Continuing our series tracing the roots of legendary supercar brands, this month we’re training our focus on Audi, who owe their success in part to a nosy 10-year-old boy…
German giant Audi can trace its roots all the way back to the late 1800s. The company that would eventually become Audi was founded in Cologne by August Horch, a blacksmith turned engineer, in 1899.
Horch’s original company was rather unimaginatively called A. Horch & Cie (the image above is one of their early designs), but following a dispute with a business partner, August was forced to come up with a new name after moving to Zwickau to form a splinter company.
Farcically prevented from using his own name again in the new company by trademark laws, Horch held a meeting with his business associates to choose a new name. One of the businessmen’s 10-year-old sons sat quietly studying Latin in the corner of the room; after watching the men struggle to come up with a name, the son suggested one himself.
The German word “Horch” means “Hark!” or “Hear!”, a snappy command which meant it also worked well as a company name. The son therefore suggested using the Latin word “Audi”, a similar command meaning “Listen!” The new name was unanimously accepted.
Audi was formed in 1910 and their first car, the Audi Type A (they should have used the 10-year-old for name suggestions again…) was produced the same year. Audi’s subsequent models followed the alphabet, and by the Type K followed in 1921, Audi had revolutionised driving in Germany by creating vehicles with left-hand drive, which provided a better view of oncoming traffic, allowing for drivers to safely overtake.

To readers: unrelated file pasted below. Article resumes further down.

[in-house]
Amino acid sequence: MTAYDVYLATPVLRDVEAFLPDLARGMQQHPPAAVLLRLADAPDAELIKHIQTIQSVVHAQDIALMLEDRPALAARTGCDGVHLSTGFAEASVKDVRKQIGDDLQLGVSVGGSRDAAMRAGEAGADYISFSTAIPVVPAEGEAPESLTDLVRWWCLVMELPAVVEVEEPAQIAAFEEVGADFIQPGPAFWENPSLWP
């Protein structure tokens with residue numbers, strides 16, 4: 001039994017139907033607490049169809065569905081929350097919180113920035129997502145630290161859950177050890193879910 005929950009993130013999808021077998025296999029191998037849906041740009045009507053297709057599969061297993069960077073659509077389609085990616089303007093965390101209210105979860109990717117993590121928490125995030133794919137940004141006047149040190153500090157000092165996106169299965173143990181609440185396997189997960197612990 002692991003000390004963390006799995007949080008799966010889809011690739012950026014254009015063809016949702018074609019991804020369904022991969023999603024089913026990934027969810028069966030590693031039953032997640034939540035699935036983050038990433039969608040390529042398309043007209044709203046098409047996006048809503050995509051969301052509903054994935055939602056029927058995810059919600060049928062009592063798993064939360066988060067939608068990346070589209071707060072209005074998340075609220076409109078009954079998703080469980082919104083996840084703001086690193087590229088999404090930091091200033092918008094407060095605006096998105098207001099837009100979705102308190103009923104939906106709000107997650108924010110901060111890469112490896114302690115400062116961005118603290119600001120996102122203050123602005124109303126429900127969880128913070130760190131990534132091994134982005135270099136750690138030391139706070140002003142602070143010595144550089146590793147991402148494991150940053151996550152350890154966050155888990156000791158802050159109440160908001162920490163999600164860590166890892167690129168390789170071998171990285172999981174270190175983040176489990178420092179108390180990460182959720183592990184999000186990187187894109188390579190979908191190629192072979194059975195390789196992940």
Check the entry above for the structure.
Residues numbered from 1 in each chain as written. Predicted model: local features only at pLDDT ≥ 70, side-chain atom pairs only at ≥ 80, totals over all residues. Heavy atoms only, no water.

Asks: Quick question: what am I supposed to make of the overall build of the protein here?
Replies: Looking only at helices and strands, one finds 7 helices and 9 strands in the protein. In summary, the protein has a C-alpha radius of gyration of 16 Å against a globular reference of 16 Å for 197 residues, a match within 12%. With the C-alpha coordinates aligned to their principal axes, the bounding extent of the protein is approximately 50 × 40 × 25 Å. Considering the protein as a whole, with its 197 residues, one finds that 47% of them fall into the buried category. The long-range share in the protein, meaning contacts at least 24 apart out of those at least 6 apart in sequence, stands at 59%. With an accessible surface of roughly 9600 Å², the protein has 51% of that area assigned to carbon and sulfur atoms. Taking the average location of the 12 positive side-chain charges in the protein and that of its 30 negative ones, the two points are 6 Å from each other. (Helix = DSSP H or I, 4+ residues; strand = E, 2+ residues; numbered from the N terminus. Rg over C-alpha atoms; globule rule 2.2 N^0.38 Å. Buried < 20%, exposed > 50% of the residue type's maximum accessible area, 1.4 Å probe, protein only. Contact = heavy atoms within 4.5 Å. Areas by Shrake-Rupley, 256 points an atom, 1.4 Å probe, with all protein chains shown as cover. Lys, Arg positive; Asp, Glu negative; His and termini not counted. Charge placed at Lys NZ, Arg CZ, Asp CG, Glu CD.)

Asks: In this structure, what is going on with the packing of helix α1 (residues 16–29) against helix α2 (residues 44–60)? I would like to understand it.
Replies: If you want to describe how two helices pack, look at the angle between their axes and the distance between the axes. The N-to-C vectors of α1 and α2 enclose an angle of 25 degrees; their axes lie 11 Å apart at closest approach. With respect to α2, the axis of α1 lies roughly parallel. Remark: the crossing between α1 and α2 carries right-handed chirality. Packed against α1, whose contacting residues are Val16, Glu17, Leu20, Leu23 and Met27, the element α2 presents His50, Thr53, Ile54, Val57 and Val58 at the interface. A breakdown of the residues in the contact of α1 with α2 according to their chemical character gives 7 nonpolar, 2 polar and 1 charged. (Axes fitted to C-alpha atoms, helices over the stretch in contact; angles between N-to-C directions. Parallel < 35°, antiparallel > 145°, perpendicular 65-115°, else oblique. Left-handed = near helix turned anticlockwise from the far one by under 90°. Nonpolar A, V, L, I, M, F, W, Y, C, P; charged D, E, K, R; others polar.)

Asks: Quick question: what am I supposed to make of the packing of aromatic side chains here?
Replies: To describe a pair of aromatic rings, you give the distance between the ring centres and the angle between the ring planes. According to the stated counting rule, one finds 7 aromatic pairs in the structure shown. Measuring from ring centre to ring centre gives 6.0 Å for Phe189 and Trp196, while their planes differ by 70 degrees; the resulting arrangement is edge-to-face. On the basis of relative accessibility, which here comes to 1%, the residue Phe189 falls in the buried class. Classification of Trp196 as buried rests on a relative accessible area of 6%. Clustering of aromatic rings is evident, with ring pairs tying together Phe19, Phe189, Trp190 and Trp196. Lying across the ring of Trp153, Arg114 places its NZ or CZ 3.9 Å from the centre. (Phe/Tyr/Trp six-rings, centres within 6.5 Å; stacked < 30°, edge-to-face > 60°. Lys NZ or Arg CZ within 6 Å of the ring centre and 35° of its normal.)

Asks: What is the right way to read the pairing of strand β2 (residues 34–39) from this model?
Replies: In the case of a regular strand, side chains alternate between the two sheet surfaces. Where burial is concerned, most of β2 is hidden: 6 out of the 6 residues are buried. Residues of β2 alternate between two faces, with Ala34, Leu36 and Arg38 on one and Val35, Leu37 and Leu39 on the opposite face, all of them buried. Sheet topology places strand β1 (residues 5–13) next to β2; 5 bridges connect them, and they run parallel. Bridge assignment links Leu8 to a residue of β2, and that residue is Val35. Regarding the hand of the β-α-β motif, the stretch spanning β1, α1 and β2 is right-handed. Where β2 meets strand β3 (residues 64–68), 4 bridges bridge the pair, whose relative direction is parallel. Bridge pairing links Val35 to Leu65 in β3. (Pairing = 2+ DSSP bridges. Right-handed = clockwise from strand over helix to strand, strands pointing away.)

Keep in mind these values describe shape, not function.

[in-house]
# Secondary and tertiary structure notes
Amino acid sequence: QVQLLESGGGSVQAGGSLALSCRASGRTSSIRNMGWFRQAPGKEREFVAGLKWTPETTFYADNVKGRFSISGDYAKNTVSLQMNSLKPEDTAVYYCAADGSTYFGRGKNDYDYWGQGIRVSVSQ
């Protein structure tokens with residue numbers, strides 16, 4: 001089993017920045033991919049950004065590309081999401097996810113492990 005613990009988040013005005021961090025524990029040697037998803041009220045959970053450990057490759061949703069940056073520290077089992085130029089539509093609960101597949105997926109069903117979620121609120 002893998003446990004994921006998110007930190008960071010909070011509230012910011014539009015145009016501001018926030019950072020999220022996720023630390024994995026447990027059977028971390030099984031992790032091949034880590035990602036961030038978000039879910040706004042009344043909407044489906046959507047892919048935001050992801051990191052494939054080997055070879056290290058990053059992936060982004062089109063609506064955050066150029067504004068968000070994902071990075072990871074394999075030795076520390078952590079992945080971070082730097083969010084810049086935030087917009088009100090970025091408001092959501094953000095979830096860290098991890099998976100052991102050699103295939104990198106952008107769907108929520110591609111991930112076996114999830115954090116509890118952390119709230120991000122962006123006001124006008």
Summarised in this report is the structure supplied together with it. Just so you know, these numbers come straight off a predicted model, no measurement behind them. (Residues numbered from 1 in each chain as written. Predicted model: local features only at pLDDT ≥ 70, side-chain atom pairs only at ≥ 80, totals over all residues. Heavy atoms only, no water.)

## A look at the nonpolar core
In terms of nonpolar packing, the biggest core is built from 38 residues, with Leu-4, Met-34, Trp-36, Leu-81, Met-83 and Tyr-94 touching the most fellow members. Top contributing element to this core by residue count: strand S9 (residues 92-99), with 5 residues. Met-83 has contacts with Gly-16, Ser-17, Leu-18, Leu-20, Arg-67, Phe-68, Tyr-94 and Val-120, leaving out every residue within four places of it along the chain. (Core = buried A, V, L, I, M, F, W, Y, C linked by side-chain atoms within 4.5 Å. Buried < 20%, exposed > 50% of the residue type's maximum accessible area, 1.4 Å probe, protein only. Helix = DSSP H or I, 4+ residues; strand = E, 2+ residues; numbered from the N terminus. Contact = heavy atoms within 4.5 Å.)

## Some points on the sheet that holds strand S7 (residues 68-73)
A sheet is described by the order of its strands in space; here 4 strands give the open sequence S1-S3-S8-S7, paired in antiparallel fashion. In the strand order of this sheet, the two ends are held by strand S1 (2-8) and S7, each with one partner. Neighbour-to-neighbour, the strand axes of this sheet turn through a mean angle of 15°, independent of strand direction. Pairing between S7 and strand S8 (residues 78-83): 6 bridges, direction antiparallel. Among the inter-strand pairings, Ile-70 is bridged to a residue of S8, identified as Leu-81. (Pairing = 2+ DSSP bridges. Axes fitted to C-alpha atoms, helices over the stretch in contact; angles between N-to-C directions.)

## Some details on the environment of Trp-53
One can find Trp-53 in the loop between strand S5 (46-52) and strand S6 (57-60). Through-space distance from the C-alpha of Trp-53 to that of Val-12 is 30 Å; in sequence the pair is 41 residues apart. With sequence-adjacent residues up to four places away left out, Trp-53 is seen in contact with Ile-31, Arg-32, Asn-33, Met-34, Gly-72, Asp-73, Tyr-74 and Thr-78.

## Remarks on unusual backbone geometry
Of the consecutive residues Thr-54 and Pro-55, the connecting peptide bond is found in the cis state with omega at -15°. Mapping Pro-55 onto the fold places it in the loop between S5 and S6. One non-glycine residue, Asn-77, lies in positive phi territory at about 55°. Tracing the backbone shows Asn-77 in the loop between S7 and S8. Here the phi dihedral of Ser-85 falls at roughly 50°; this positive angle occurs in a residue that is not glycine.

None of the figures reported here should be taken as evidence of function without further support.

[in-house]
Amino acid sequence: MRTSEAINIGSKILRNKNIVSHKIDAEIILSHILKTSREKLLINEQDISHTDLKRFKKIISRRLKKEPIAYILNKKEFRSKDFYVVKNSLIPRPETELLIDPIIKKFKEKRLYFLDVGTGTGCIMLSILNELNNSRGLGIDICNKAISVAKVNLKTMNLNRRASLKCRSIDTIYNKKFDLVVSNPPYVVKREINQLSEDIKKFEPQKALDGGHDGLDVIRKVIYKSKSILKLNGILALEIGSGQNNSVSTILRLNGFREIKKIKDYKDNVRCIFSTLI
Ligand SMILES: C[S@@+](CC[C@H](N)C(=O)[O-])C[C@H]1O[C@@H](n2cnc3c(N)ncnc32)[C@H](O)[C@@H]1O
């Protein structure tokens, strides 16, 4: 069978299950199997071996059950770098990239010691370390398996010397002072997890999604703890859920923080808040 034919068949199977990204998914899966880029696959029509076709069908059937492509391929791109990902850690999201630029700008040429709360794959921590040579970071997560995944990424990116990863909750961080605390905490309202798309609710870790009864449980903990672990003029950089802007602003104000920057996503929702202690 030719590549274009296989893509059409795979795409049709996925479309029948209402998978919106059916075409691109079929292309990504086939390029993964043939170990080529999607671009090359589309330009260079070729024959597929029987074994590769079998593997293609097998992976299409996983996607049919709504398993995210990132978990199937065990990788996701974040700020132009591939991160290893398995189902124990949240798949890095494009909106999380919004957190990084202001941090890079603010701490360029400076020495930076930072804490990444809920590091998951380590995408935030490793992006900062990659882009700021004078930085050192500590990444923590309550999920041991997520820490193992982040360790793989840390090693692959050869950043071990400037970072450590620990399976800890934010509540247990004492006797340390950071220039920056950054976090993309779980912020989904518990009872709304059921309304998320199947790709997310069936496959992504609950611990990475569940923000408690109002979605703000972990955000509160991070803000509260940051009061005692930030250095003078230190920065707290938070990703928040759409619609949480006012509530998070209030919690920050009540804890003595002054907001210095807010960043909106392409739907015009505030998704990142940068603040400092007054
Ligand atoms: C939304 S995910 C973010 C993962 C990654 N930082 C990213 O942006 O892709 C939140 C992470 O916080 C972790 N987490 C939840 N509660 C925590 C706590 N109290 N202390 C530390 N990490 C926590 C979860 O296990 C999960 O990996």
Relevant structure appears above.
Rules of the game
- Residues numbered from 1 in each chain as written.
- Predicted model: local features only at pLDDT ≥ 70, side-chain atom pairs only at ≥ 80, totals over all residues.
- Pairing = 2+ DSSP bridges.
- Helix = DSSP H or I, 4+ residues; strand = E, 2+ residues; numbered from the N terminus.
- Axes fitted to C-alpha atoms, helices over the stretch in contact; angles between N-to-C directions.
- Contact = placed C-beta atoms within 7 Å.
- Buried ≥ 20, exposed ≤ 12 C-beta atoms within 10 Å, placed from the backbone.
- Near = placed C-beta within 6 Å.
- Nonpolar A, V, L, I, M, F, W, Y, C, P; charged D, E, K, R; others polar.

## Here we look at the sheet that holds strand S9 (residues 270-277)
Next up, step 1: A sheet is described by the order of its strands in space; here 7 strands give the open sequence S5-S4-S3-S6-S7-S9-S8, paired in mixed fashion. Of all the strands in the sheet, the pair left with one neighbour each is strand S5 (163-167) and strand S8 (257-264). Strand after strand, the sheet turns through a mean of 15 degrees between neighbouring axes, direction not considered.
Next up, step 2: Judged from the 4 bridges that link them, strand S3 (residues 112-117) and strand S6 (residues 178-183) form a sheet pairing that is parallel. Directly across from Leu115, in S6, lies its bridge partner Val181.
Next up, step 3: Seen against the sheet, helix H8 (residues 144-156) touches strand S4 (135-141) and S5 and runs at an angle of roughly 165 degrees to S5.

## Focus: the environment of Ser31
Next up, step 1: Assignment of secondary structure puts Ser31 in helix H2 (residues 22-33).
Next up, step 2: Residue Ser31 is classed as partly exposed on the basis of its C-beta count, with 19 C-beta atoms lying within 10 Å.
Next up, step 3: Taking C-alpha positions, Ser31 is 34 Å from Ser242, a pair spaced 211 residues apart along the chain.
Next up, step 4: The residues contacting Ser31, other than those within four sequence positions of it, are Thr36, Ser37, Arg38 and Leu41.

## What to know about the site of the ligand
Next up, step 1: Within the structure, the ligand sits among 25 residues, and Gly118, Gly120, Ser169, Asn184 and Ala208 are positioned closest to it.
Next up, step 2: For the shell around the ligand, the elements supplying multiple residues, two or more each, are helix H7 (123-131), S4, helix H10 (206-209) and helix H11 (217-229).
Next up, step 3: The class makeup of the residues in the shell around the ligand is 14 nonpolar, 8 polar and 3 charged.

Audi continued to grow through the 1920s and 1930s, but after the Second World War, reparations meant that many factories across Germany, including Audi’s, were dismantled. The company subsequently relocated to Ingolstadt in West Germany, where war repercussions on German businesses were less strict.
The company found success across Europe and in the United States in the 1960s-1980s with popular mass-market cars such as the Audi Quattro, Audi Coupe and Audi 80.
However, Audi found itself at the centre of a storm of controversy in America the mid-1980s when the Audi 5000 was linked to a large number of accidents caused by sudden unintended acceleration.
An investigation by the TV show 60 Minutes appeared to confirm the allegations – but when the programme’s investigation was later found to have been staged, Audi’s argument that the accidents were caused by driver error was accepted.
In the 1990s, Audi began to move its focus to more upmarket models, aiming to compete against their compatriots Mercedes-Benz and BMW. Recent years have seen Audi cruise into the supercar market with gorgeous models such as the Audi R8 V10 Spyder and the R8 V8 Coupe, both of which are available for hire at PB Supercars.